8 Places to See Before They Disappear
These global attractions may have a limited shelf life due to climate change and human interference.
Climate change is at the forefront of environmental threats. Due to rising temperature levels, negative ramifications can be seen all across the globe. In the future, some of the most popular bucket list destinations might be gone. There is no time like the present to visit them before they disappear for good.
Great Barrier Reef, Australia
An ecosystem made up of vibrant colors and organisms, Australia’s Great Barrier Reef is a natural wonder of the world. Home to over 1,500 different species, the reef is the largest living structure and coral reef in the world. Its unparalleled beauty makes it one of the most sought-after tourist destinations in the world, attracting around two million visitors every year. The destination may not be a vacation spot for much longer; the Great Barrier Reef is dying. Climate change has caused warmer ocean temperatures to put stress on coral leading to coral bleaching. As a result, the once multi-colored corals are slowly bleaching to a dull white. A bucket list travel destination, the Great Barrier Reef is worth the visit before the once dynamic ecosystem becomes impotent.
The Galápagos Islands, Ecuador
Charles Darwin’s visit to the Galápagos Islands led to the theory of evolution. Since then, the islands have been deemed one of the world’s foremost destinations for wildlife viewing. While human travel is only permitted in certain areas with certified guides, the untamed terrain and island’s native species make for an unforgettable, unique experience. Natural global weather has taken a vital part out of the ecosystem, resulting in fish searching for warmer water temperatures. Tourism, overfishing and migration as the result of humans is only adding further strain to the Galápagos. Although well-protected under the International Union for the Conservation of Nature, the delicate ecosystem faces challenges that might make future travel to the Galápagos impossible.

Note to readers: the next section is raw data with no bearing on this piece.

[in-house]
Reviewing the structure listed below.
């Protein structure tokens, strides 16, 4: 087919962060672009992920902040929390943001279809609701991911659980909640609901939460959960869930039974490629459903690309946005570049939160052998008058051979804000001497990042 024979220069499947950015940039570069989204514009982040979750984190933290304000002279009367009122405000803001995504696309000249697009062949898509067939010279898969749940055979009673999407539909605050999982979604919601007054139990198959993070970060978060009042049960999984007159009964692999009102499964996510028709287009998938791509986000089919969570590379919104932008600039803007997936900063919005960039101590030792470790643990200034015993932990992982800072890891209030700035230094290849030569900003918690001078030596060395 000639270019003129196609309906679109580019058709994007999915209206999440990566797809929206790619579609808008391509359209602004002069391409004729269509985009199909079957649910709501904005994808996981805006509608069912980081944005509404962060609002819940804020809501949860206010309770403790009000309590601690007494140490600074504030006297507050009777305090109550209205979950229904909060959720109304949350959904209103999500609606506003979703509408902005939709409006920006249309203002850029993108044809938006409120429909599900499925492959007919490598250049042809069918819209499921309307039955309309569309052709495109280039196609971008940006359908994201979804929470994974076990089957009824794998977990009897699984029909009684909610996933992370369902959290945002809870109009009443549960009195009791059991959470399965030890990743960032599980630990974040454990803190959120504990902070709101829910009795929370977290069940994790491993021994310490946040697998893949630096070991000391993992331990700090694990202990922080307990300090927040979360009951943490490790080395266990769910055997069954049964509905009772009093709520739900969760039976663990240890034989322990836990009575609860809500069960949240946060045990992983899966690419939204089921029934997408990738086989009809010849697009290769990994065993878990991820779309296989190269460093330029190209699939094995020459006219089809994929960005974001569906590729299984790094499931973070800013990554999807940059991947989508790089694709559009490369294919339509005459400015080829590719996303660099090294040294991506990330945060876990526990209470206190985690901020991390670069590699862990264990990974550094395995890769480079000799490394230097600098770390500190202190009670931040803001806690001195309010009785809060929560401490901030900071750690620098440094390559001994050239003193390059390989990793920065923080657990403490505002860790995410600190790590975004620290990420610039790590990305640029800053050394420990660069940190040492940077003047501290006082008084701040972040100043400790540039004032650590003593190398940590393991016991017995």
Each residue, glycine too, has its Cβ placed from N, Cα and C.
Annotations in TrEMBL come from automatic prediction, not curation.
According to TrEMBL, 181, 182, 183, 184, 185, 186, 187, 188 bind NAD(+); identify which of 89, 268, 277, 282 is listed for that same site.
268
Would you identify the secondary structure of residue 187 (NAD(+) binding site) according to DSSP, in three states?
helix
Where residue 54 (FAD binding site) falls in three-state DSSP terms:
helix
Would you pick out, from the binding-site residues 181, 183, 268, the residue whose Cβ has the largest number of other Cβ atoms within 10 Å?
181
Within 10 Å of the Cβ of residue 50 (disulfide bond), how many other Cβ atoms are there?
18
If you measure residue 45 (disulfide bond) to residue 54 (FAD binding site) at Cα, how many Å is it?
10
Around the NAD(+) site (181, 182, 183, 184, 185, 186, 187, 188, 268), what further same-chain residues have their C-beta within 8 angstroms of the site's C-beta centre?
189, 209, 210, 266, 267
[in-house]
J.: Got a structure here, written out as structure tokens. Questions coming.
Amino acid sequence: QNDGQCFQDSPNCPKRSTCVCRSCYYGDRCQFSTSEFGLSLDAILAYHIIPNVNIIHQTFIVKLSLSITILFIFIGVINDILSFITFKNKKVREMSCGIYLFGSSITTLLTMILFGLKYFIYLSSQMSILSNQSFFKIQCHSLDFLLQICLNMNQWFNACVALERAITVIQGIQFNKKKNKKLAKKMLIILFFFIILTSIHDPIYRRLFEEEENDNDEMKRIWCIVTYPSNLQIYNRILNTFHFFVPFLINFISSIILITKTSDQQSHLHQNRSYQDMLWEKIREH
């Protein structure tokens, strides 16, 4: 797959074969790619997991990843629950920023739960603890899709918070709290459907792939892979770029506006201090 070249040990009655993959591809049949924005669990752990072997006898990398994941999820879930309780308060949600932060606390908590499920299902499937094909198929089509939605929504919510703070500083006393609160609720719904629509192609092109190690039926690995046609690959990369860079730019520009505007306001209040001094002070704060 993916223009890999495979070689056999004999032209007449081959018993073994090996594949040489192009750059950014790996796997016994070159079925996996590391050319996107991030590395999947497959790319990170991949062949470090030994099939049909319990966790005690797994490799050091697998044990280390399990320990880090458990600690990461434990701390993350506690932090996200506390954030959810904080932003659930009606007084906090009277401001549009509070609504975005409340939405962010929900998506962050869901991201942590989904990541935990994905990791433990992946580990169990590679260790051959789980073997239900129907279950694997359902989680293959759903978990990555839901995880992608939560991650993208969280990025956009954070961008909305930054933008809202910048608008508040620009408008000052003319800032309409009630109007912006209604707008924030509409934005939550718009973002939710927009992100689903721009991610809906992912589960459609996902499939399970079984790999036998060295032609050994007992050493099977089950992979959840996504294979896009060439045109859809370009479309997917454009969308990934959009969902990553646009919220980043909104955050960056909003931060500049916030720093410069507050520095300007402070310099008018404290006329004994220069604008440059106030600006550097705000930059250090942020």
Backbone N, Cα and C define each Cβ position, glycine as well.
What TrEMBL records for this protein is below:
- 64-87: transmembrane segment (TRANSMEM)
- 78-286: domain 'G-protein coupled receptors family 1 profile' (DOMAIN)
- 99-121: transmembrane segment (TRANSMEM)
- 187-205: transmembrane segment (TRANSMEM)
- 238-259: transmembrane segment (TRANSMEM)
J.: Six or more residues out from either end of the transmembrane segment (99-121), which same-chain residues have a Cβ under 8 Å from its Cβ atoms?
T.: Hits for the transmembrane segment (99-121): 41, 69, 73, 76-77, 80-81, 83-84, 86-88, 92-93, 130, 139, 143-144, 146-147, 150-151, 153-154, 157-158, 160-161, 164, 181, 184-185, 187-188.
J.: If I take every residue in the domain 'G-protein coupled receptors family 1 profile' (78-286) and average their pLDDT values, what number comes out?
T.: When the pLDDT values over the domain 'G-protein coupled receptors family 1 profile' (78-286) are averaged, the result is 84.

The Amazon Rainforest, South Africa
Famed for its biodiversity and 4,345-mile-long river, the Amazon is the world’s largest rainforest at roughly 2.72 million square miles. Adventurous tourists often embark upon land or river tours to take in the dense vegetation and diverse species that call the forest home. It has been estimated that the forest is destroyed at a pace of 31,000 square miles a year, making climate change and industrial activity to blame for the rapid decline in the Amazon’s size. As a staple of nature and species, the Amazon Rainforest will expose tourists to experiences and beauty that cannot be seen in the United States.
The Sundarbans, India/Bangladesh
In Bengali, Sundarbans translates to the “beautiful forests” that encompass the unique Sundarbans forests in India and Bangladesh. The forests are home to the world’s largest mangrove ecosystems and the largest concentration of Bengal tigers left on the planet. Deforestation poses a threat to the forests as expanding agriculture clears out the mangrove population and puts irrigation systems in their place. Pollution caused by oil spills cause danger to the forests ecosystem as well. Visiting the Sundarbans can be done completely solo or by booking an organized tour. While spotting a Bengal tiger may not be an obtainable goal, wandering through the tranquil natural beauty provides an excursion unlike any other.